I recently saw on twitter that the Cornish bryophyte recorder Matt Stribley had found some really interesting and rare bryophytes along the Truro river, that I really wanted to see! I got in touch with Matt, and he very kindly agreed to show me them, along with a selection of other good local species.
First stop was the local park in Truro, which (being just over the road from Matt) contains a selection of nice species. First up was Syntrichia latifolia, for which this is one of (if not the most) Western site in the UK. It usually grows on silty trees and rocks next to rivers, but has taken up residence in Truro on the path! A little further along the path, some bare patches of mud were home to good quantities of the Hornwort Phaeoceros laevis, a species new to me. Hornworts are a very unusual group of bryophytes; they aren’t mosses, but they aren’t liverworts either! The large female reproductive parts of the plant project high above its rosette growth form.
On the walls of the park, several Didymodon and Orthotrichum species were present, with Schistidium crassipilum and the epically named Bryoerythrophyllum recurvirostrum thrown in for good measure. Amongst a patch of Bryoerythrophyllum, I spotted something very shiny… a ground beetle! None other than Notiophilus bigutattus, a ubiquitous species.
After all of that, we headed down to the Truro river for a real rarity: a minute species of liverwort, Cephaloziella turneri. This species grows almost exclusively in the far South-west of England and Wales, and is found only on crumbly soil among tree roots next to coastal creeks. To add to the difficulty of finding it, the leaves are only 0.1mm long! It had taken Matt many hours (days even) to find the species, so I’m very grateful to him for showing me it! Here is a microscope shot of a very small sample (from a large patch) of C.turneri, note the diagnostic asymmetrical toothed leaves.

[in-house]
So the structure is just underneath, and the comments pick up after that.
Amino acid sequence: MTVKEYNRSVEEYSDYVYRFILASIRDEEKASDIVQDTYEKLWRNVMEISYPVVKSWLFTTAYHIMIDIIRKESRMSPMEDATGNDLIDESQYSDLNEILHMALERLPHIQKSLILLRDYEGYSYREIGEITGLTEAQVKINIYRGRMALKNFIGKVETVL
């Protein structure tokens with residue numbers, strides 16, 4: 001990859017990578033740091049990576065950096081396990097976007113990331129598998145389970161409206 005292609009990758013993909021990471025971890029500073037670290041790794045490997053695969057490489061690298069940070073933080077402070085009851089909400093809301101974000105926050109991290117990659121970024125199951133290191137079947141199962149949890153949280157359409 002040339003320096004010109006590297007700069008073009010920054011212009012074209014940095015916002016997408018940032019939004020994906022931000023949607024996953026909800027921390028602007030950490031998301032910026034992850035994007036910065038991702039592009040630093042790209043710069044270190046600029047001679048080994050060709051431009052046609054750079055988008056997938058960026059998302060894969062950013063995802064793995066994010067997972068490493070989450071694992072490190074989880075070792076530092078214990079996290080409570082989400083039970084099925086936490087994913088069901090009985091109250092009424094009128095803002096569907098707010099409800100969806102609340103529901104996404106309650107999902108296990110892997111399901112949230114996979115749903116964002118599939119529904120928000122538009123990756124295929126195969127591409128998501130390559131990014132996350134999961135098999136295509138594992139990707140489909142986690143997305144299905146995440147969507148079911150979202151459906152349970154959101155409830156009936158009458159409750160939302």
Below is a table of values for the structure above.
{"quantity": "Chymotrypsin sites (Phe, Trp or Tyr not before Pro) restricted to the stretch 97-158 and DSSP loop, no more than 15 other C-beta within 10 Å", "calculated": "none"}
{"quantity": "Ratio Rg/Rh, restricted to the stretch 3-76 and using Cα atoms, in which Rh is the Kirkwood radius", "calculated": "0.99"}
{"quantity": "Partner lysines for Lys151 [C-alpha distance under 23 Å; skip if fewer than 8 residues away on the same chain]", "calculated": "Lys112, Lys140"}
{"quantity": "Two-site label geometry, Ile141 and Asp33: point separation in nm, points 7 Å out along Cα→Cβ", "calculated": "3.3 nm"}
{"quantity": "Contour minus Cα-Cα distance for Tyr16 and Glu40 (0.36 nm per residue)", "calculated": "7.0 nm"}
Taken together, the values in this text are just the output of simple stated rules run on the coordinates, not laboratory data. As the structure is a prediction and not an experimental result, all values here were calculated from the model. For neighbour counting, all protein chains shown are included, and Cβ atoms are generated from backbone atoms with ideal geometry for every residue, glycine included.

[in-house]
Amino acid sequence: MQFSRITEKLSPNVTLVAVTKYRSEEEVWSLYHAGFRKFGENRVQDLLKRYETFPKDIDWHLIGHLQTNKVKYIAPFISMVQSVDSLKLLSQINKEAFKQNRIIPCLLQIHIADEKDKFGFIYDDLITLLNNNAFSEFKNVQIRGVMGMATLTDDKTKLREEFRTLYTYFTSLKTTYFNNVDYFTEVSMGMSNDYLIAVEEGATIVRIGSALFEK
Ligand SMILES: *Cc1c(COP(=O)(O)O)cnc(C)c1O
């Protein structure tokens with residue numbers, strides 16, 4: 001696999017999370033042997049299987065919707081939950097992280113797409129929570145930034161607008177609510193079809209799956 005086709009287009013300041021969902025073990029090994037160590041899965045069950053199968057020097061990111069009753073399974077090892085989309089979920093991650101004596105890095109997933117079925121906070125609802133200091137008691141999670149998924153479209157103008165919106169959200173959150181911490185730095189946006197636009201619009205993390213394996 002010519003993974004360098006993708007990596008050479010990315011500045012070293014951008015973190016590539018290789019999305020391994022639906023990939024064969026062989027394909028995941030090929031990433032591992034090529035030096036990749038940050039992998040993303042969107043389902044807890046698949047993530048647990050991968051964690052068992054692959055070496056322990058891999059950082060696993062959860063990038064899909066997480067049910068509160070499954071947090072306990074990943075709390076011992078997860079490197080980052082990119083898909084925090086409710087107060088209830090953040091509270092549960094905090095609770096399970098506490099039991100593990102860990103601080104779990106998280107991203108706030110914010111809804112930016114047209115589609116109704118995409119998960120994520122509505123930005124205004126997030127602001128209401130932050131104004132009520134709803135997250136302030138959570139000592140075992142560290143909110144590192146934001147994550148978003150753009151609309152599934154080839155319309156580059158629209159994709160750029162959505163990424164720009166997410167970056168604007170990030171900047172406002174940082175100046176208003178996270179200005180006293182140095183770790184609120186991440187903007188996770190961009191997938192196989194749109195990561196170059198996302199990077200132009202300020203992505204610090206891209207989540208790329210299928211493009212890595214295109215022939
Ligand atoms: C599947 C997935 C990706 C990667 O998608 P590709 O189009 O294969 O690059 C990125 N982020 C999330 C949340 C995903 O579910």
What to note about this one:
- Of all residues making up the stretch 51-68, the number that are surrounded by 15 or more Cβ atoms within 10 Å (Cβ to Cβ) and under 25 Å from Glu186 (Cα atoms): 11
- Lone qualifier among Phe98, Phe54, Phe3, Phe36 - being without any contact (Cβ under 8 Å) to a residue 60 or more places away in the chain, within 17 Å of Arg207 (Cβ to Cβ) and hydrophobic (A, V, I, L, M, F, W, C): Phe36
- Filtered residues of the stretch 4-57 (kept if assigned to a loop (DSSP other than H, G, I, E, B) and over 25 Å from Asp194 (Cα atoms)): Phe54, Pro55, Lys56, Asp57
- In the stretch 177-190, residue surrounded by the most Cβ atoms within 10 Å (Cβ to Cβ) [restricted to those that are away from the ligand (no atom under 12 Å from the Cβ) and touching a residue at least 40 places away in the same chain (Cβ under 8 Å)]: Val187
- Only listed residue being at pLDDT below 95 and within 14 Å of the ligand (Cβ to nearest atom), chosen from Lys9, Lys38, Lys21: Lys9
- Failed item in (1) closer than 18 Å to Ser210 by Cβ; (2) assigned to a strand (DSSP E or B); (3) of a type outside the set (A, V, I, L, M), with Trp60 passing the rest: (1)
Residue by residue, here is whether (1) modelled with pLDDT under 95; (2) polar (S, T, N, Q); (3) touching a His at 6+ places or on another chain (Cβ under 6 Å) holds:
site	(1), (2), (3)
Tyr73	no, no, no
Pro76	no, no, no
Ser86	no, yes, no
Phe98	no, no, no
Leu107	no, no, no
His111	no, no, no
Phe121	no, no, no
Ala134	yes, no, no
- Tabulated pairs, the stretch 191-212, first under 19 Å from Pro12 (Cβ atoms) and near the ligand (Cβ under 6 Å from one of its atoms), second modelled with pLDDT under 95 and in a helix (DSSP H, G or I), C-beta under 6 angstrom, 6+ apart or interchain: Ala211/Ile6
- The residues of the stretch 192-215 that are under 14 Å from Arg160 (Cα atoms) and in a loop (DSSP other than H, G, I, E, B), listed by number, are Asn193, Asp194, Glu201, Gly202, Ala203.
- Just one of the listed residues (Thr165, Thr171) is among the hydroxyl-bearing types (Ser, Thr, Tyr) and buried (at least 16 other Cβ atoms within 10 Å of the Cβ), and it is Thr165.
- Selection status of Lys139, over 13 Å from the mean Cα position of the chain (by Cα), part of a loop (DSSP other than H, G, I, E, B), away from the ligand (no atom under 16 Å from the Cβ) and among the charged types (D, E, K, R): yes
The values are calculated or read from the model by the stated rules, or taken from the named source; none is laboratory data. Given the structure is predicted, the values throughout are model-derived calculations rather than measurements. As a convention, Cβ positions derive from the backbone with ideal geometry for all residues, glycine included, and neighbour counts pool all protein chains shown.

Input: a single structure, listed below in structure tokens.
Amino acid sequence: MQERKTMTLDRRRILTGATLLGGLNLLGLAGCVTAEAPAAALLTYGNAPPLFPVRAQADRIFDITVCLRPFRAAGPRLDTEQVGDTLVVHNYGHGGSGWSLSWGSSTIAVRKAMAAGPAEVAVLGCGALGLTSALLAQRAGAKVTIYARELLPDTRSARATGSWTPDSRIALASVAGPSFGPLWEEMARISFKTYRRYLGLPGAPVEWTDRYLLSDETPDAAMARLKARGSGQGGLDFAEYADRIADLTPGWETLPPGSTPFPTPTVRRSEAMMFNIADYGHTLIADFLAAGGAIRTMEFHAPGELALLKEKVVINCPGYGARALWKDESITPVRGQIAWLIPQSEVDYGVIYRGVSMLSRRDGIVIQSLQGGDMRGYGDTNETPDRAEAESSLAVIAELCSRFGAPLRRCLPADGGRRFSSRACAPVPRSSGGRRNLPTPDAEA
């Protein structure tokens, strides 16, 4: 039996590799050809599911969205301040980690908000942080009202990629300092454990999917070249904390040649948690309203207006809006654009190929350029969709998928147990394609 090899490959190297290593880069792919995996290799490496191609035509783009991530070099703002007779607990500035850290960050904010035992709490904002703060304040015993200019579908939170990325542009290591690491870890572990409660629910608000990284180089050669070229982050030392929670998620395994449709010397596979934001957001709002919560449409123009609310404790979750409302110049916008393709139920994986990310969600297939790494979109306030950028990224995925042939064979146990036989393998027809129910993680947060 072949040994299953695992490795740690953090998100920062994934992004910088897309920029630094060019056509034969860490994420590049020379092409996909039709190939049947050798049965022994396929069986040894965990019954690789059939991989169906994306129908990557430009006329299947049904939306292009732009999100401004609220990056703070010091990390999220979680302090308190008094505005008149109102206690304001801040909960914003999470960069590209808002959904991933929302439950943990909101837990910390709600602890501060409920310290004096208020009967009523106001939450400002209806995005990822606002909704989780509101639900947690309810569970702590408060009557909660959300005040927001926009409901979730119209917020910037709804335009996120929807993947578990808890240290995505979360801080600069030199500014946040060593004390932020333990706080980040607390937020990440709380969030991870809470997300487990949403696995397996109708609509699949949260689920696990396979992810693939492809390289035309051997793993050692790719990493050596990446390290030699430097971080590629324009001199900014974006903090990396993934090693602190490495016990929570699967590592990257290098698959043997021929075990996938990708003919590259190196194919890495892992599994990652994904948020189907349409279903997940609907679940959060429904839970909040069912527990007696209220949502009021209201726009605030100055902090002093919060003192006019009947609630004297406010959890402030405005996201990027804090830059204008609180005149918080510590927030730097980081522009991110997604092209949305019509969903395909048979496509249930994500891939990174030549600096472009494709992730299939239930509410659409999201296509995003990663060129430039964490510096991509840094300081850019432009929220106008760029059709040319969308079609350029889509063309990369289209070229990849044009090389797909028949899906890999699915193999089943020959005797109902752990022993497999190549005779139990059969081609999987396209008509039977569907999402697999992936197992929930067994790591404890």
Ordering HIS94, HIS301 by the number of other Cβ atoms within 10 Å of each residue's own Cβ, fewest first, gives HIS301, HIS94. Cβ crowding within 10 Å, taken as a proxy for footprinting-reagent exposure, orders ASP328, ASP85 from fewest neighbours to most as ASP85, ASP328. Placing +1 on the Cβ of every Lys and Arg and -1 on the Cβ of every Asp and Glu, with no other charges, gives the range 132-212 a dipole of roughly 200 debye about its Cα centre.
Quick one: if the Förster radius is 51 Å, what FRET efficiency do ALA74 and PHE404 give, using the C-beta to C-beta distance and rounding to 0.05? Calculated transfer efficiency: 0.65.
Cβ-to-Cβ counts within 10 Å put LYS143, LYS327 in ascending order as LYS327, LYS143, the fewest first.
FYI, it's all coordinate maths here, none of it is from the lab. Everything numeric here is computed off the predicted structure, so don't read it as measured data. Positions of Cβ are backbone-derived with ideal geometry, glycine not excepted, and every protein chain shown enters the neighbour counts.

On the walk back from the river, Matt showed me a small patch of another nice species: Bartramia pomiformis growing on a large rock. It seemed to grow on the face of the rock with had previously been embedded in the rock face above, thriving with a lack of competition from other species. The spherical capsules on long, red setae contrast with limey glaucous green leaves to make a very pretty and sculptural moss!
Our final site was Idless woods, which contained a whole host of nice species. The main target (which we just about found!) was another tiny, rare Liverwort that Matt had put in the hours to find: Colura calyptrifolia. Our specimen was in the process of being outcompeted by various Metzgeria species, so only a few leaves were visible. Here’s a link to the BBS online field guide page, showing a beautiful example:
Other nice species we found included the Liverwort Cololejeunea minutissima, and the moss Leucobryum juniperoideum. Whilst searching through the clumps of mosses, I found a species which is a personal favourite of mine, the Harvestman Megabunus diadema! I didn’t manage a photo, but wrote an article about the species for the January edition of New Nature magazine (Species focus, page 14):
What a great day out! And it bumped my UK bryophyte list up to 174, putting me 15th for the group in pan-species listing.
I look forward to bryologising again soon, at the BBS Cornwall group meeting in March!